To calculate the ROI of your properties, you first have to determine the total cost of your investment. While some investors may have paid out-of-pocket when purchasing a property, others may have received financial assistance in the form of mortgages and loans. One of the most significant costs of a property investment is any debt paid or to be paid throughout the course of your investment. Be it a monthly mortgage payment or loan; these financial expenses are crucial to calculating your ROI since these payments are deducted from your property’s gross income to determine the net income. Things like the amount that the bank has provided you, the term of the loan, and its interest rate are among the essential considerations that need to be made when calculating the net income. Knowing these particular details can accurately calculate the ROI of your property as time passes. Tax and Insurance Property

tax and insurance

are essential factors in determining a property’s ROI. This is because taxes and insurance are among the numerous expenses that need to be accounted for when calculating ROI. Both property tax and insurance are similar in the sense that they vary between property, city, and province. There are two expenses whose determination involves a third party—be it an insurance company or a provincial property assessment organization. For example, calculating your annual property tax requires an assessment from a provincial organization to determine the value of your property, which is then multiplied by the total tax rate. In contrast, a particular insurance company determines an insurance rate.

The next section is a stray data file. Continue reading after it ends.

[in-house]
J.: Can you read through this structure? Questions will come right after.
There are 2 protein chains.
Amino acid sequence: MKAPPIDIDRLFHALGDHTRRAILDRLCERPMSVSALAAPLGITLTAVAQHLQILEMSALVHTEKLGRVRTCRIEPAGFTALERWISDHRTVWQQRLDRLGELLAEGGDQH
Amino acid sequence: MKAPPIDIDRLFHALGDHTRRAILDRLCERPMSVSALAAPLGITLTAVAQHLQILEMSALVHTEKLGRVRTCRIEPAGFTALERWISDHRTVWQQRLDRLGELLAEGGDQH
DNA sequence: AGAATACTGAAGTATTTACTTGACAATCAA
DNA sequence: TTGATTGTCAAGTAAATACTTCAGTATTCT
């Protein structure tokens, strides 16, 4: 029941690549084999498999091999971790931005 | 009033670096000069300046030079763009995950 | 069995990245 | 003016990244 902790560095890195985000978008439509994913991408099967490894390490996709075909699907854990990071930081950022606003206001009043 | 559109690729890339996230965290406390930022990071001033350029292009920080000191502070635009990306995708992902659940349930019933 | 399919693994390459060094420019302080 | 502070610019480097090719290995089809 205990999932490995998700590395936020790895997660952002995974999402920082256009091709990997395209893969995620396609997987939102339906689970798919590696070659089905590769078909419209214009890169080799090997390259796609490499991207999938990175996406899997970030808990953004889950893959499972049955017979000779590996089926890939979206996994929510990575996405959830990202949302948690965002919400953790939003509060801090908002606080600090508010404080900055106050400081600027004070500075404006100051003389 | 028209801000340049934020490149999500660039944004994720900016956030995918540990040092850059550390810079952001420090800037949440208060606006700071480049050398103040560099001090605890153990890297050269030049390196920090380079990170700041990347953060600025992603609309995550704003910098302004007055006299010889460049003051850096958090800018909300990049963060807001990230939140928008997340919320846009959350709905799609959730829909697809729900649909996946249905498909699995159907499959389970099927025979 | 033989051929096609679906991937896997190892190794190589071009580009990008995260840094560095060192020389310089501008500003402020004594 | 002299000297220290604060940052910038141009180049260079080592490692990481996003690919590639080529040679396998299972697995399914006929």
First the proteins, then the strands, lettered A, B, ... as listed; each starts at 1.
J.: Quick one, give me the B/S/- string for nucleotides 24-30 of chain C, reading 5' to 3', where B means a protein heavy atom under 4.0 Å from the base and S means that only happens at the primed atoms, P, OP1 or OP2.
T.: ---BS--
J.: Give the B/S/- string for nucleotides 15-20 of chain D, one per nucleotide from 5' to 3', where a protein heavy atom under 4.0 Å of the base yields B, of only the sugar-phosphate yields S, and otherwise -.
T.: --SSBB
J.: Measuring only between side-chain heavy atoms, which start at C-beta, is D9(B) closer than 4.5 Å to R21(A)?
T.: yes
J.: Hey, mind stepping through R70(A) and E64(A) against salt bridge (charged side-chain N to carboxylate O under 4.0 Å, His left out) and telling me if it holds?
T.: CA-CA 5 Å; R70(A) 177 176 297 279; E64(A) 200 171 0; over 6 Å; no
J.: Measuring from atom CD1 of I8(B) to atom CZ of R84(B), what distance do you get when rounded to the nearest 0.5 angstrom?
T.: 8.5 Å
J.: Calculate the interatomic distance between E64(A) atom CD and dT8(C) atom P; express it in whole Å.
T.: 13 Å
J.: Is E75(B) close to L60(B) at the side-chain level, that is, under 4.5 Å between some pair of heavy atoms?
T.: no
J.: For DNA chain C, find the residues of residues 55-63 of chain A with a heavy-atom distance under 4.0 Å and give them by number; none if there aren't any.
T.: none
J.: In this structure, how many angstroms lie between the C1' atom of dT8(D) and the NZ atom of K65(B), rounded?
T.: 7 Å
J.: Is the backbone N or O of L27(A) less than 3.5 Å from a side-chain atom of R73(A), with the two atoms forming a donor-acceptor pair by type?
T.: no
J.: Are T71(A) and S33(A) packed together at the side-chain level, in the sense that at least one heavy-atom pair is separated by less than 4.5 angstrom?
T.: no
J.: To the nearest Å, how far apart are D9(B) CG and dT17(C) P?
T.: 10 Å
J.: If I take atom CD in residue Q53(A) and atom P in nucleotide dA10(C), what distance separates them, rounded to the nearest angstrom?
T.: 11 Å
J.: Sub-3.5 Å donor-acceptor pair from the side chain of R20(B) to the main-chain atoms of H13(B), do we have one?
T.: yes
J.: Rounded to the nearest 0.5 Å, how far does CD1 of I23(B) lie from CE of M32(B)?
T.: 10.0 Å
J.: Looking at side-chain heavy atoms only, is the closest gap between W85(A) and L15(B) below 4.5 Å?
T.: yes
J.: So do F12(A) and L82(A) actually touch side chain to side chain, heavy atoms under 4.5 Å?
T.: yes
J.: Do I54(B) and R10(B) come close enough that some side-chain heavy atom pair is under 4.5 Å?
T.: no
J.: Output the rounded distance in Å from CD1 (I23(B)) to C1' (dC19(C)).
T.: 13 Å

Maintenance and Rehabilitation

You’ve probably encountered repairs or renovations throughout your many real estate investments. From fixing faulty plumbing to rewiring shoddy electrical work, repairs are common for investors—especially those who use house flipping to generate quick profits. Professional repairs aren’t necessarily cheap; depending on the repairs needed for a specific property, this expense can be pretty costly. Renovations, on the other hand, are typically used by all investors who seek to increase the value of a property with the intention of selling it at a higher price. Rehabilitation encompasses the various expenses, including repairs and renovations, that are used to ‘rehabilitate’ the property and increase its value. On top of that, electrical and plumbing systems need to be routinely maintained to ensure that amenities remain functional. This is why maintenance and rehabilitation costs need to be considered when determining a property’s ROI.

Equity